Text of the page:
On the Road

On the Road

Copyright 2004, Traffic World, Inc.

I''ve been poked, prodded, pushed and squeezed. I''ve had my temperature taken, my shoes removed, gotten half undressed in public, had a burly man in Chicago fold down the top of my pants with gloved hands and a Japanese woman gently pull back the front of my trousers and have a polite peak inside.

I''m sweating, confused, tired and trembling and I''m sitting down in stocking feet even though I''m in a rush.

In other words, I''m traveling.

It''s the glamour part of business, right? It''s a pleasure and a perk, you keep reminding yourself as you stand in a snaking line at an airport for the third time today. Or is it the fourth time? Or is it the second day?

If you''re reading about how business travel has fallen off and companies have awakening to the productivity of teleconferencing, you''re probably reading about it on an airplane. No conference call will do for the customer, the boss, the meeting planner, so you''re on the road. And I''m there with you, taking off my belt, my shoes and everything else in search of the magic line between TSA compliance and public indecency statutes, inching through a security line, all the time fearing that dreaded electronic "beep" of the metal detector.

There was plenty of time to contemplate the dubious pleasures of the road on a recent trip - one week, six aircraft, countless taxis, endless airport waiting rooms.

And there were mysterious, exotic cities, but it''s hard to get a sense of that standing in line for 40 minutes to get first-hand look at the barriers against the spread of bird flu by pointing your forehead at a man taking perhaps 2,000 temperatures an hour.

This gives you time to contemplate the explanations conference planners give you for holding meetings in places that might charitably be called remote: "We know this unmapped territory, 46 miles from the nearest paved road on land populated only by feral dogs seems inconvenient, given that it takes four days travel to get there from the nearest town with an air strip. But once people get there, they can really get into issues without distractions such as plumbing or cooked food."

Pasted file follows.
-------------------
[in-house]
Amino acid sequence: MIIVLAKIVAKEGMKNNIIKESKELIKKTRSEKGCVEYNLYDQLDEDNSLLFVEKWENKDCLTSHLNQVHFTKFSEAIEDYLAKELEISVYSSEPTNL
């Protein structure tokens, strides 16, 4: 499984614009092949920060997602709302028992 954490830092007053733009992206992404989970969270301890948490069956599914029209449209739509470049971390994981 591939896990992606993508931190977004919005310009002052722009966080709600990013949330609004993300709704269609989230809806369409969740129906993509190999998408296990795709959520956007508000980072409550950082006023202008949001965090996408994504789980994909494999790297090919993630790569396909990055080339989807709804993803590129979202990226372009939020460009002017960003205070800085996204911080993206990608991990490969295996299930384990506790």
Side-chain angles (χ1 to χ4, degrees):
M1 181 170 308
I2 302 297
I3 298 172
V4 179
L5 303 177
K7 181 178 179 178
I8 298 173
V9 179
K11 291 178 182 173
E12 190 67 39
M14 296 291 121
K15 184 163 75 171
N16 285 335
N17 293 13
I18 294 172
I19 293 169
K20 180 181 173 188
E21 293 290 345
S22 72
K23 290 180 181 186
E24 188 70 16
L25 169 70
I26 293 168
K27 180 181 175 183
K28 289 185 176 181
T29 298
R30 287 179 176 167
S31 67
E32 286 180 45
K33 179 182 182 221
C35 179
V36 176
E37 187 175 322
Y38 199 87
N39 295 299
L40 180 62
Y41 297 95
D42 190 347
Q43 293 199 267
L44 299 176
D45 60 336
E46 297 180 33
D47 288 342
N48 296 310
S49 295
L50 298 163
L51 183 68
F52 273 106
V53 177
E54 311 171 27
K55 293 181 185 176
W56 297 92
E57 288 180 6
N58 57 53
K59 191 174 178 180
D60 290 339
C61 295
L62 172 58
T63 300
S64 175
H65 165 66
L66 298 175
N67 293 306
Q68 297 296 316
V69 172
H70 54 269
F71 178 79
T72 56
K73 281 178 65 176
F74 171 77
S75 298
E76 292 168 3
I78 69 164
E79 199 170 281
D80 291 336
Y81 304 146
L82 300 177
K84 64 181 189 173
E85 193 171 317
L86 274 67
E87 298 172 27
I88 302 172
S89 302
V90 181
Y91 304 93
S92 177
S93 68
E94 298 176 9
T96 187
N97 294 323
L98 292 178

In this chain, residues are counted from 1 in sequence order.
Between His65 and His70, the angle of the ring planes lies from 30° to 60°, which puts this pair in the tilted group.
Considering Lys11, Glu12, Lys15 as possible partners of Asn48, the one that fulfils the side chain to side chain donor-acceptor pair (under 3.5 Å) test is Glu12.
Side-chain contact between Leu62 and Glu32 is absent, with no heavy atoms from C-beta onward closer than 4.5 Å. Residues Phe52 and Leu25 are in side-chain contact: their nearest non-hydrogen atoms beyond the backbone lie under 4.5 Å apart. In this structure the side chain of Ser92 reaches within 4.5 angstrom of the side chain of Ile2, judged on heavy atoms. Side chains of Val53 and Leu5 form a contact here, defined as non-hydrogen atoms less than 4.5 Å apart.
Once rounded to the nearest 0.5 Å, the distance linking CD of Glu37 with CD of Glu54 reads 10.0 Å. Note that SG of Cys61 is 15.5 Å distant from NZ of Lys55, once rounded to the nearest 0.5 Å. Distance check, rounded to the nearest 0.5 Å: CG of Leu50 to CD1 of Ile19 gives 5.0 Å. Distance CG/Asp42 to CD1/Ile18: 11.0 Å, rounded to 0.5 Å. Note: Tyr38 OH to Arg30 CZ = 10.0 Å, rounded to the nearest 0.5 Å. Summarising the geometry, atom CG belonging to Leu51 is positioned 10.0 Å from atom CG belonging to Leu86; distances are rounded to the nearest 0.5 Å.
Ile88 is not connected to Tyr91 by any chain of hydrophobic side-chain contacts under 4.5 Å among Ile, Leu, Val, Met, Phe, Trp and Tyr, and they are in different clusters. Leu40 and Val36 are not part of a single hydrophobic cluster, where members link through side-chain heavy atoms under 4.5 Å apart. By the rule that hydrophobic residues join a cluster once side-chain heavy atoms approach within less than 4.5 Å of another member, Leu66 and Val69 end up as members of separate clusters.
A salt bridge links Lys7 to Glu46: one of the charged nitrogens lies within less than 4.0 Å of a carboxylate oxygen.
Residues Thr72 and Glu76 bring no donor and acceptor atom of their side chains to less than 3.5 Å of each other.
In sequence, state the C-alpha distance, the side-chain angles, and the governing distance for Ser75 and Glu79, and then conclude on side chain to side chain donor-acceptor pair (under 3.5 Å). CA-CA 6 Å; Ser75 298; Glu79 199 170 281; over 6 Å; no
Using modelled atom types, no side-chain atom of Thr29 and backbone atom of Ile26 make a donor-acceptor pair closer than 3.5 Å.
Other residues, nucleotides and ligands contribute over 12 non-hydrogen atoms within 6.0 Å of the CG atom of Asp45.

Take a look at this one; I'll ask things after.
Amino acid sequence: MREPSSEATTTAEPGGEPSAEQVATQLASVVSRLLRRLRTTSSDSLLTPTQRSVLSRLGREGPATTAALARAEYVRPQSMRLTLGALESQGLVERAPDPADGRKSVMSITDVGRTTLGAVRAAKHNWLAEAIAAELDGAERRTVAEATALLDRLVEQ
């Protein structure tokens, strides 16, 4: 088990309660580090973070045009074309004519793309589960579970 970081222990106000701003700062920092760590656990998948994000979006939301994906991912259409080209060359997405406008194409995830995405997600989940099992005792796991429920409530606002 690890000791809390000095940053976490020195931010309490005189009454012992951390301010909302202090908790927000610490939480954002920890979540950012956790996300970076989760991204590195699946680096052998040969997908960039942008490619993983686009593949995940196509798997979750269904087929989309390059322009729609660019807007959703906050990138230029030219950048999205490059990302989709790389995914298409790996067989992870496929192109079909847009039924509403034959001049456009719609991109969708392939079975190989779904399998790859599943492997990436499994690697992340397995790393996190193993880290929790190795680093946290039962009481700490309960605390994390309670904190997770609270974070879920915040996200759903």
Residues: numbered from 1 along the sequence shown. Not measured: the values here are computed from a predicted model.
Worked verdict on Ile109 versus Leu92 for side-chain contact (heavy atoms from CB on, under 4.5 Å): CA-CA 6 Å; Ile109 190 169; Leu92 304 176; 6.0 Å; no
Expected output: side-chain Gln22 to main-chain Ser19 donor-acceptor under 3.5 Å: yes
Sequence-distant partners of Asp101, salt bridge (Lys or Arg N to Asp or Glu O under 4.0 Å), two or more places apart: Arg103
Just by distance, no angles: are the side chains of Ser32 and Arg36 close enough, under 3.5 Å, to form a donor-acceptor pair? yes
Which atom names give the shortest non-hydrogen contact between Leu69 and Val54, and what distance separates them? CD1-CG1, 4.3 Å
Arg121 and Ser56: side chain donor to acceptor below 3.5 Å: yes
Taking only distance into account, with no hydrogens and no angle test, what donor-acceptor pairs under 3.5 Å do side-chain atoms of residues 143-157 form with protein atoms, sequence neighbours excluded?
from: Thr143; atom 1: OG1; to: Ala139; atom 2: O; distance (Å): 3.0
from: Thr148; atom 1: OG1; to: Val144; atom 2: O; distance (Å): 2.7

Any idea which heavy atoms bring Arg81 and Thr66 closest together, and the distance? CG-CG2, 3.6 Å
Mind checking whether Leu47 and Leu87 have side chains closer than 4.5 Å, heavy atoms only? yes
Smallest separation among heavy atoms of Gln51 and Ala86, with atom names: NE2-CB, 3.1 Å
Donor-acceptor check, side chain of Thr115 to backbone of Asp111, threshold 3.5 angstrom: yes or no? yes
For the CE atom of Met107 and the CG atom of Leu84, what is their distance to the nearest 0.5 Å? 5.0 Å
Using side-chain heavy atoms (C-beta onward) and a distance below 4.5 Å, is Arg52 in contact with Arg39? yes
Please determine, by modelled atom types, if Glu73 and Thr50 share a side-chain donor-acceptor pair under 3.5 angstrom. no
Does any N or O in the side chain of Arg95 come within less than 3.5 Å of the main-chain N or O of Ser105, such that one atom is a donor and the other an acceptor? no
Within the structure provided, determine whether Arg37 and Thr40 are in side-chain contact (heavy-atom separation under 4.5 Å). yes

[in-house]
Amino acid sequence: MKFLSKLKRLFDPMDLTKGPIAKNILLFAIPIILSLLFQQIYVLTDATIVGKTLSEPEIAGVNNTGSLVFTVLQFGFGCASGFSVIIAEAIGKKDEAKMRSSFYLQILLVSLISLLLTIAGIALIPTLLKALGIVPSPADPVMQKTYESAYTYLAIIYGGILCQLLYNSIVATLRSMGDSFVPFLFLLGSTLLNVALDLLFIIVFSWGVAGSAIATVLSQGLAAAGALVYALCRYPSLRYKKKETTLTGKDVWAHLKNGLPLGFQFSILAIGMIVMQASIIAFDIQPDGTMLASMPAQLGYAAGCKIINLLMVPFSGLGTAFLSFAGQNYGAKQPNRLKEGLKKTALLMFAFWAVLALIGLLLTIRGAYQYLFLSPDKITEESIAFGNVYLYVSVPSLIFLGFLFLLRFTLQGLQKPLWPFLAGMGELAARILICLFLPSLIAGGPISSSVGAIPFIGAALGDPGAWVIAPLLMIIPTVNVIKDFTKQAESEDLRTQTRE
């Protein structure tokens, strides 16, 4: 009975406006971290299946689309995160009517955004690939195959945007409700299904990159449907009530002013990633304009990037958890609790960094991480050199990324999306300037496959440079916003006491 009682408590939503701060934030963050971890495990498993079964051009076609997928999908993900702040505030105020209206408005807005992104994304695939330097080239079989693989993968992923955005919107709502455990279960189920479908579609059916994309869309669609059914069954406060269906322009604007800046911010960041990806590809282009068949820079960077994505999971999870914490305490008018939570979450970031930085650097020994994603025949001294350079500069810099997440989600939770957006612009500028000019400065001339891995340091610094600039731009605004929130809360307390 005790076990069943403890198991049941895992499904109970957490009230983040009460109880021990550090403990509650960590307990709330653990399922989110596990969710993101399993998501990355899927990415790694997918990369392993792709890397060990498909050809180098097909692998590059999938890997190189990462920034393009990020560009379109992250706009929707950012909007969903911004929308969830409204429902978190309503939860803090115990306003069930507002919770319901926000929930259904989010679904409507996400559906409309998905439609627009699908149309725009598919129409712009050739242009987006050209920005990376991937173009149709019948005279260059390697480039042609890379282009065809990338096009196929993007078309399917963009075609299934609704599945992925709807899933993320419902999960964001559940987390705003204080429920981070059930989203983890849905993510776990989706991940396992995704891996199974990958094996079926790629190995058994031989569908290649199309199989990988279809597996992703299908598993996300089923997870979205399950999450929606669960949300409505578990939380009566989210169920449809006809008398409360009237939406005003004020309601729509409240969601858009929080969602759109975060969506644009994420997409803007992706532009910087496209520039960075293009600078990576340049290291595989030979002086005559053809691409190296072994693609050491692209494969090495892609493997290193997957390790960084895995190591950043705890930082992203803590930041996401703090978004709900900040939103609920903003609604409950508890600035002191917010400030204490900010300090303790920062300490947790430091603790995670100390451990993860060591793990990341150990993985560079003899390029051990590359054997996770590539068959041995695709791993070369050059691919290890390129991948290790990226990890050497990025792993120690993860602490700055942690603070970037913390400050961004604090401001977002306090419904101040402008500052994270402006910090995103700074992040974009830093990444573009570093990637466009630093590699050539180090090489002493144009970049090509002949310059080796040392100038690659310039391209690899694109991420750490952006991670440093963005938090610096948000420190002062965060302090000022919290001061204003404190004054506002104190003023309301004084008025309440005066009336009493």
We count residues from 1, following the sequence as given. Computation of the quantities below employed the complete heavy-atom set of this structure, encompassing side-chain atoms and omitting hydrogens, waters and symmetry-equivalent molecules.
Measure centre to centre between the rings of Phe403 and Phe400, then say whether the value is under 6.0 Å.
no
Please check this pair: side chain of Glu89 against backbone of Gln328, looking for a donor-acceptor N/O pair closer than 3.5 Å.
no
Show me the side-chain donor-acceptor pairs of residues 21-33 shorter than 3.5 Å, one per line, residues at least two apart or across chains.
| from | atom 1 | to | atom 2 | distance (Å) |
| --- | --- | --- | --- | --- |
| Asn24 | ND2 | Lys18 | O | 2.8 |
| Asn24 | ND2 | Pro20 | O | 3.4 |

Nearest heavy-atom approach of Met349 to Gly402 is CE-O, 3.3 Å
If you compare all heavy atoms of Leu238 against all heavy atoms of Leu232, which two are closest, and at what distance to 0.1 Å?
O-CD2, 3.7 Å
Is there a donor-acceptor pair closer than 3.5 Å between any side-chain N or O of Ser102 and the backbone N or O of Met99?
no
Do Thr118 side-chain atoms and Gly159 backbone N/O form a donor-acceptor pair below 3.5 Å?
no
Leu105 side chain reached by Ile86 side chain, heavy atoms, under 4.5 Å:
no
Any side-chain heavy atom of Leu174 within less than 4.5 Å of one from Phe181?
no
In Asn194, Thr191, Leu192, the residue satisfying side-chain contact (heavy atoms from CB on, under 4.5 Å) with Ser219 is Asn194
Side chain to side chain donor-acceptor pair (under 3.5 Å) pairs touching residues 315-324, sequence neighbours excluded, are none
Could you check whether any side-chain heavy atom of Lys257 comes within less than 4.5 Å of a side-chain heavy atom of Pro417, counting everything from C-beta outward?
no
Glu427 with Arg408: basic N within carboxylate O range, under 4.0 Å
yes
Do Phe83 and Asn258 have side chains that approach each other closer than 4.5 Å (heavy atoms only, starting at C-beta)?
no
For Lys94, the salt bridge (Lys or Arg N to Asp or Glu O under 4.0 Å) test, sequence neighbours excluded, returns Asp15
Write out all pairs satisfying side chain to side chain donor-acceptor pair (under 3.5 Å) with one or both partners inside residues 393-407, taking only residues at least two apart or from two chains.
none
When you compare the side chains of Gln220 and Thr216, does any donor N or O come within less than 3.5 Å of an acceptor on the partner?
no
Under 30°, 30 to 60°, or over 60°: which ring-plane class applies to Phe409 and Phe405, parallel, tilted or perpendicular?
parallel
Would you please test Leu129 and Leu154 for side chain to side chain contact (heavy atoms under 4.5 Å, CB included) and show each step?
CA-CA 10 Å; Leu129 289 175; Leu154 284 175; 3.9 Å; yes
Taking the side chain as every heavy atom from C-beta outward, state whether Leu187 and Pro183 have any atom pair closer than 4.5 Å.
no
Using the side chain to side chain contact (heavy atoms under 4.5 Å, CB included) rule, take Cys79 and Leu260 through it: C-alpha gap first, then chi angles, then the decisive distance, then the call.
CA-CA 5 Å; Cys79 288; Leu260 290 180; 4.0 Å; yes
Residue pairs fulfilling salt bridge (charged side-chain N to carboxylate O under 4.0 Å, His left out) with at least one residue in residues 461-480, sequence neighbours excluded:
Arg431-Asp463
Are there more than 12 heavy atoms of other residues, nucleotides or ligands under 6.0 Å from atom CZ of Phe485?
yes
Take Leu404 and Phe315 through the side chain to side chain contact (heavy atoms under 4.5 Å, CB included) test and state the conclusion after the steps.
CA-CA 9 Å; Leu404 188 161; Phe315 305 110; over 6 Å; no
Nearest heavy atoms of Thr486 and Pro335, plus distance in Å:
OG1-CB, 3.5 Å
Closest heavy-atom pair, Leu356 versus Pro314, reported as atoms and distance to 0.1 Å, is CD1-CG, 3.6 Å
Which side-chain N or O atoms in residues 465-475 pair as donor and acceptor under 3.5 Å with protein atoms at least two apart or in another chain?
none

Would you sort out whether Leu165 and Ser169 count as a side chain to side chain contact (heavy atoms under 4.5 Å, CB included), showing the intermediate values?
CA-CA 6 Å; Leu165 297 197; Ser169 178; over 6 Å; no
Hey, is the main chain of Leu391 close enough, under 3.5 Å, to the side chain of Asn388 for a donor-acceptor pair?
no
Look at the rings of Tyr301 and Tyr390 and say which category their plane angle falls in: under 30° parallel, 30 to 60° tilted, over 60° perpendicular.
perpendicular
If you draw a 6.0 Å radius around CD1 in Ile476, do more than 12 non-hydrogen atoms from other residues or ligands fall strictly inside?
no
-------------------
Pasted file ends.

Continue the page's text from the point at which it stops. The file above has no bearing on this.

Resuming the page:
Or at least it seems like I''ve heard that explanation.

And there is always the last hurdle, the immigration agent who casually strolls in to begin questioning of hundreds of bedraggled travelers.

"What were you doing out of the country?" he asks.

Easy enough, unless you recall that immigration desk you passed through in Miami a couple of years ago. There, you were asked what you do for a living.

"I write about freight transportation." Wrong answer, judging from the way her eyes suddenly come alive with skepticism as she lowers her glasses to look at you hard. Very hard.

"You what?" she says in a tone suggesting you''ve told her you transport kidnapped children across national borders. "Freight transport, for a magazine, a weekly - it''s about freight transport."

"You write about freight?" Right now you''re looking ahead at the businessman, a friend, who is all smiles marching through with hardly a glance back. He''s finished an eight-day itinerary that reads: Washington-Miami-Medellin-Cali-Miami-Santiago-Buenos Aires-Miami-Washington.

You''re thinking is, "What about him? Have you seen his itinerary? Go question him." But what you say is, "Yes, ma''am, it''s about freight."

"Step this way, sir, we''d like to ask you some more questions."

But you make it through that screening just like you''ll make it through today. Belt buckled, shoes on, car keys presumably stashed somewhere in a travel bag, you finally stumble toward the last leg home.

But have we told you lately about the state of our highways and the bad driving out there?